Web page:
The Divinity School 4

Welcome to weekend writing warriors. Many fine authors, and me, contribute short snippets for your delectation.

Since it seems that our Regency spy romance is much more popular than our science fiction, this post introduces the sequel to The Art of Deception. Amanda’s reading was interrupted by a summons to attend on her mother. Amanda’s mother made it clear that she must attend the assembly. After a short carriage journey, it only being six or so miles between Coalpit Heath and Chipping Sodbury, they have arrived.

The carriage’s arrival in front of the hall interrupted Mrs Bentley’s cutting reply; a servant, dressed something like a footman, opened the door; he offered an arm and at her mother’s urging, Amanda descended; not gracefully, as her mother would remind her in a few moments, but nonetheless without tripping.

She waited for her mother and father before entering the hall.

It looked entrancing, an orchestra scratching out a dance, and – far more important – an excess of young men.

That did not last long; a veritable flock of young ladies, chattering among themselves came through the door behind them.

The excess of gentlemen vanished in an instant; Amanda sighed, found a seat at the side of the room, and pulled a small sheet of paper from her reticule –  You can take the book from the mathematician, but not the mathematics – she started writing out a problem in symmetric polynomials, at least what she could remember of it.

Her father interrupted her a few minutes later, “Amanda, dear.”

“What is it, now?” She did not look up.

“May I present Mr Jameson?”

Amanda’s attention snapped away from the paper, and she managed to squeak out, “Delighted.”

My sincere apologies for abusing semi-colons.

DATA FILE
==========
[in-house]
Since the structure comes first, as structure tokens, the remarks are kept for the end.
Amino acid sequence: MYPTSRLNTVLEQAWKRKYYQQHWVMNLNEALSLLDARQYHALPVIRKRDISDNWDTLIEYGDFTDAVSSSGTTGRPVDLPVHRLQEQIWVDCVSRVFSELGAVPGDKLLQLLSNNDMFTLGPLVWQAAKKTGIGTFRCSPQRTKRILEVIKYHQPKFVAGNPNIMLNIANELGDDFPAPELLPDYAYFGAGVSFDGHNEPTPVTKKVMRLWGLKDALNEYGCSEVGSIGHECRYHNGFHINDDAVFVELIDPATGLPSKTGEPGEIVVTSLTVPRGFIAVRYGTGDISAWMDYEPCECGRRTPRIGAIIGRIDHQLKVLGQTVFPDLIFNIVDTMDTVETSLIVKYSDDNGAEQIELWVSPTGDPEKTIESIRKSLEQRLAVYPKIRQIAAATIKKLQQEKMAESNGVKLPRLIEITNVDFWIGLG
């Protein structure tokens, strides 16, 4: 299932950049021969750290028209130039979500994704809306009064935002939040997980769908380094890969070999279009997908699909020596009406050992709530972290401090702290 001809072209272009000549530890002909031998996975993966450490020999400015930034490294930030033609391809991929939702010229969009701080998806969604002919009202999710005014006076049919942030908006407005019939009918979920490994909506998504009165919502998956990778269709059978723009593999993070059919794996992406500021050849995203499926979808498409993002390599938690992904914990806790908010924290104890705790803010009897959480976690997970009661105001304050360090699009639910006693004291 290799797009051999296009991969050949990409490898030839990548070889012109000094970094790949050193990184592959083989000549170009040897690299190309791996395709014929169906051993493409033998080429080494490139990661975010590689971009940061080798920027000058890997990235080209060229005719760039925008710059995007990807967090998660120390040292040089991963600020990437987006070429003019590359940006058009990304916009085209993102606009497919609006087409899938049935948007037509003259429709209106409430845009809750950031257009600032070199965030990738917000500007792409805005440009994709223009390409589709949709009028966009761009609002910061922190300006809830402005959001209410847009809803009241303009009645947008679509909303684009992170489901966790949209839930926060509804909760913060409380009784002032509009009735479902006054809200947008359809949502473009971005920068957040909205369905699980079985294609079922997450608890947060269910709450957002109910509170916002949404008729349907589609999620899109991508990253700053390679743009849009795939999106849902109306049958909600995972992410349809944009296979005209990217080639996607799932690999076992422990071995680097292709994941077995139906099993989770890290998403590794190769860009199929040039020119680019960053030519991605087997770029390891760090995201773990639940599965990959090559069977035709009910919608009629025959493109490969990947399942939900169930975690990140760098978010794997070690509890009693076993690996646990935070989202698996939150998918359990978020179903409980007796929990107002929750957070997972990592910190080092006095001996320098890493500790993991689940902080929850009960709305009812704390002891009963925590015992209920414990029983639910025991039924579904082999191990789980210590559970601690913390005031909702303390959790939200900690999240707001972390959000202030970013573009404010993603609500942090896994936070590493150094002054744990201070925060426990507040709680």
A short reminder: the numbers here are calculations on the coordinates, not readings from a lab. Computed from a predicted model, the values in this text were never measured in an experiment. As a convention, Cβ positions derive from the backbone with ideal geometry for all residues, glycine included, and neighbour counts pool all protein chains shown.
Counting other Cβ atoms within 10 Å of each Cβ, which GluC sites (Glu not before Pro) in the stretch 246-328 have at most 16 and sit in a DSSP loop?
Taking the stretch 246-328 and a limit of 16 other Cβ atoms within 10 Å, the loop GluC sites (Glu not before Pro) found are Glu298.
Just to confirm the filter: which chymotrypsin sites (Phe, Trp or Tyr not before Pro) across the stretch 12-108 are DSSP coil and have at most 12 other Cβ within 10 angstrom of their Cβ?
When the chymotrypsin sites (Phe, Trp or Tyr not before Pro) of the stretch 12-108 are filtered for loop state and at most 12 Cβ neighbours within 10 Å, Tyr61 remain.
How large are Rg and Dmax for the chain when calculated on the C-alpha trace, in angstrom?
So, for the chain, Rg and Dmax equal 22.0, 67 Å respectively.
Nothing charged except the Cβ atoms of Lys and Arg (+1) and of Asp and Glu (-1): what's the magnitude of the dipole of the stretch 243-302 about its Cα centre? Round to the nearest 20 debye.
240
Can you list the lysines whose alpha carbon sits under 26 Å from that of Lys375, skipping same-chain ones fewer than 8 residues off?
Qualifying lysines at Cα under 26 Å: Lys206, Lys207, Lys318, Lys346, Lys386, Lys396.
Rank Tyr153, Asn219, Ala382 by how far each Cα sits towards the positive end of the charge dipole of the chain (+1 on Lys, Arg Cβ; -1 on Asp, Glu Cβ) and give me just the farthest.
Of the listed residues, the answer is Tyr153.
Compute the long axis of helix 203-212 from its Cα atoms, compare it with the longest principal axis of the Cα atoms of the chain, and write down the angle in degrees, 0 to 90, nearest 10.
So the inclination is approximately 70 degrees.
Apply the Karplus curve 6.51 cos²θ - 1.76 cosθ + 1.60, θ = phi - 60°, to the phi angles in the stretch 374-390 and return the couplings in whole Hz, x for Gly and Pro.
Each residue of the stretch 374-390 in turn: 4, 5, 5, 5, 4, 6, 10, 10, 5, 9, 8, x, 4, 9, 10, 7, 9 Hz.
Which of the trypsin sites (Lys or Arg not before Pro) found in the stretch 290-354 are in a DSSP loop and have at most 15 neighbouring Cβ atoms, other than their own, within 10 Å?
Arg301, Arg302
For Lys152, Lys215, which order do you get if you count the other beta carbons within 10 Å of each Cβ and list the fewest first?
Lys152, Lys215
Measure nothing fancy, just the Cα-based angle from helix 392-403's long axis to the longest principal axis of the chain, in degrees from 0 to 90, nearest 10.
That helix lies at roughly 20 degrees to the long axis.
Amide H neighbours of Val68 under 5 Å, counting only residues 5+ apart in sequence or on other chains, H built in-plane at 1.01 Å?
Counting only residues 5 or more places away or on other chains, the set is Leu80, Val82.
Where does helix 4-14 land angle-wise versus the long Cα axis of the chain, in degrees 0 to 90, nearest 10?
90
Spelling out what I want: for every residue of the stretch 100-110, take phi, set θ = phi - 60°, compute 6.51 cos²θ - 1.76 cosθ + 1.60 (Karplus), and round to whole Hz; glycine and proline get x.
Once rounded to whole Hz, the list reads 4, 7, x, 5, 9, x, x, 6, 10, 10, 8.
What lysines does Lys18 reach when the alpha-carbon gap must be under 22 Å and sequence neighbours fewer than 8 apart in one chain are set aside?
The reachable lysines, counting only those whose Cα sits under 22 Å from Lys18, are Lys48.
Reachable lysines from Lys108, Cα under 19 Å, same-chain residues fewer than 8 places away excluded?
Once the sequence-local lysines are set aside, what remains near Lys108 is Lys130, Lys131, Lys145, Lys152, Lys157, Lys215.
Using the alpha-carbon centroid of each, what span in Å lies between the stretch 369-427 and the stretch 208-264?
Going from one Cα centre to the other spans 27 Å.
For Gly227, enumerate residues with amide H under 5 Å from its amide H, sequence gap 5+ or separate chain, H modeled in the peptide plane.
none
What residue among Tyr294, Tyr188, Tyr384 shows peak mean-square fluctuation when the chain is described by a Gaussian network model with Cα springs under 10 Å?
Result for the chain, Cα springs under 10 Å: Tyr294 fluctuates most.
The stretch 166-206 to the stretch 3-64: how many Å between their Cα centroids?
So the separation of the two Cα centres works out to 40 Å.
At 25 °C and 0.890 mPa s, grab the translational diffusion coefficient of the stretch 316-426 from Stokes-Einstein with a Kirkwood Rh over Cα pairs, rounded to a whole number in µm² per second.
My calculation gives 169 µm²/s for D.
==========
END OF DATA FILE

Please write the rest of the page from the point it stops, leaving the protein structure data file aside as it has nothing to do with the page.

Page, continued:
Coalpit Heath is a real place on the outside of Frampton. Most of it is rather nice, unlike this farmhouse next to the tracks.

It’s literally on the wrong side of the tracks.

I don’t have a good picture of the remains of the coal works from the early 19th century because we were always either in a hurry to get walking or it was too dark by the time we returned. They and numerous pit mines supplied the fuel for the iron works at Iron Acton. The villages remain, but little sign of the industry is visible.

Google maps shows the site, if you happen to be in the area.

The Art of Deception, first in a series of late Georgian/early Regency spy novels is now up.. You can get the first part here.

Illegal aliens is up for order on Amazon. In the end, the way to fix my mistakes was to issue a new edition. I still used kindle create but in a more native way to produce a “reflowable” book.

You can get a copy of the first four chapters on instafreebie.

You can find my, well our, works here.

Author: Amelia

A mild-mannered professor of computer science in real-life, I remove my glasses in the evening to become, well, a mild-mannered author in my alternate reality. I mostly write sweet romantic fiction, although with an occasional science-fiction or paranormal angle thrown in. I have interests in history, mathematics (D'oh), and cryptography. I'm also something of an Anglophile, and know that country pretty well. In addition to writing, research, and more writing, I volunteer with the scouts. I'm something of a nature-nut, enjoying long walks in the country with almost ultra-light gear, boating, and identifying wildlife.

16 thoughts on “The Divinity School 4”

  1. If one is attempting to catch the eye of a suitable suitor at a ball one must not: a) perform mathematical problems regardless of how many excessive males have been swooped up by chattering flocks of young ladies, and: b) display shortness of temper by asking, in a frustrated manner at said ball, ‘what is it, now?’

    1. That’s been my experience. Not the most pleasant in the world, but one can’t write a romance where the heroine just watches everyone else have fun. Thank you

  2. I apologize for being a little late to respond – though I did do the social media things in a timely manner.

    I spent most of last week trying to convince my co-author not to release worms and virii into our mutual university in response to the inanity of the IT people. (I think it worked – though one can never tell). Don’t p.o. a skilled systems engineer, especially one who knows the details of the TCP/IP stack and what mknod actually does.

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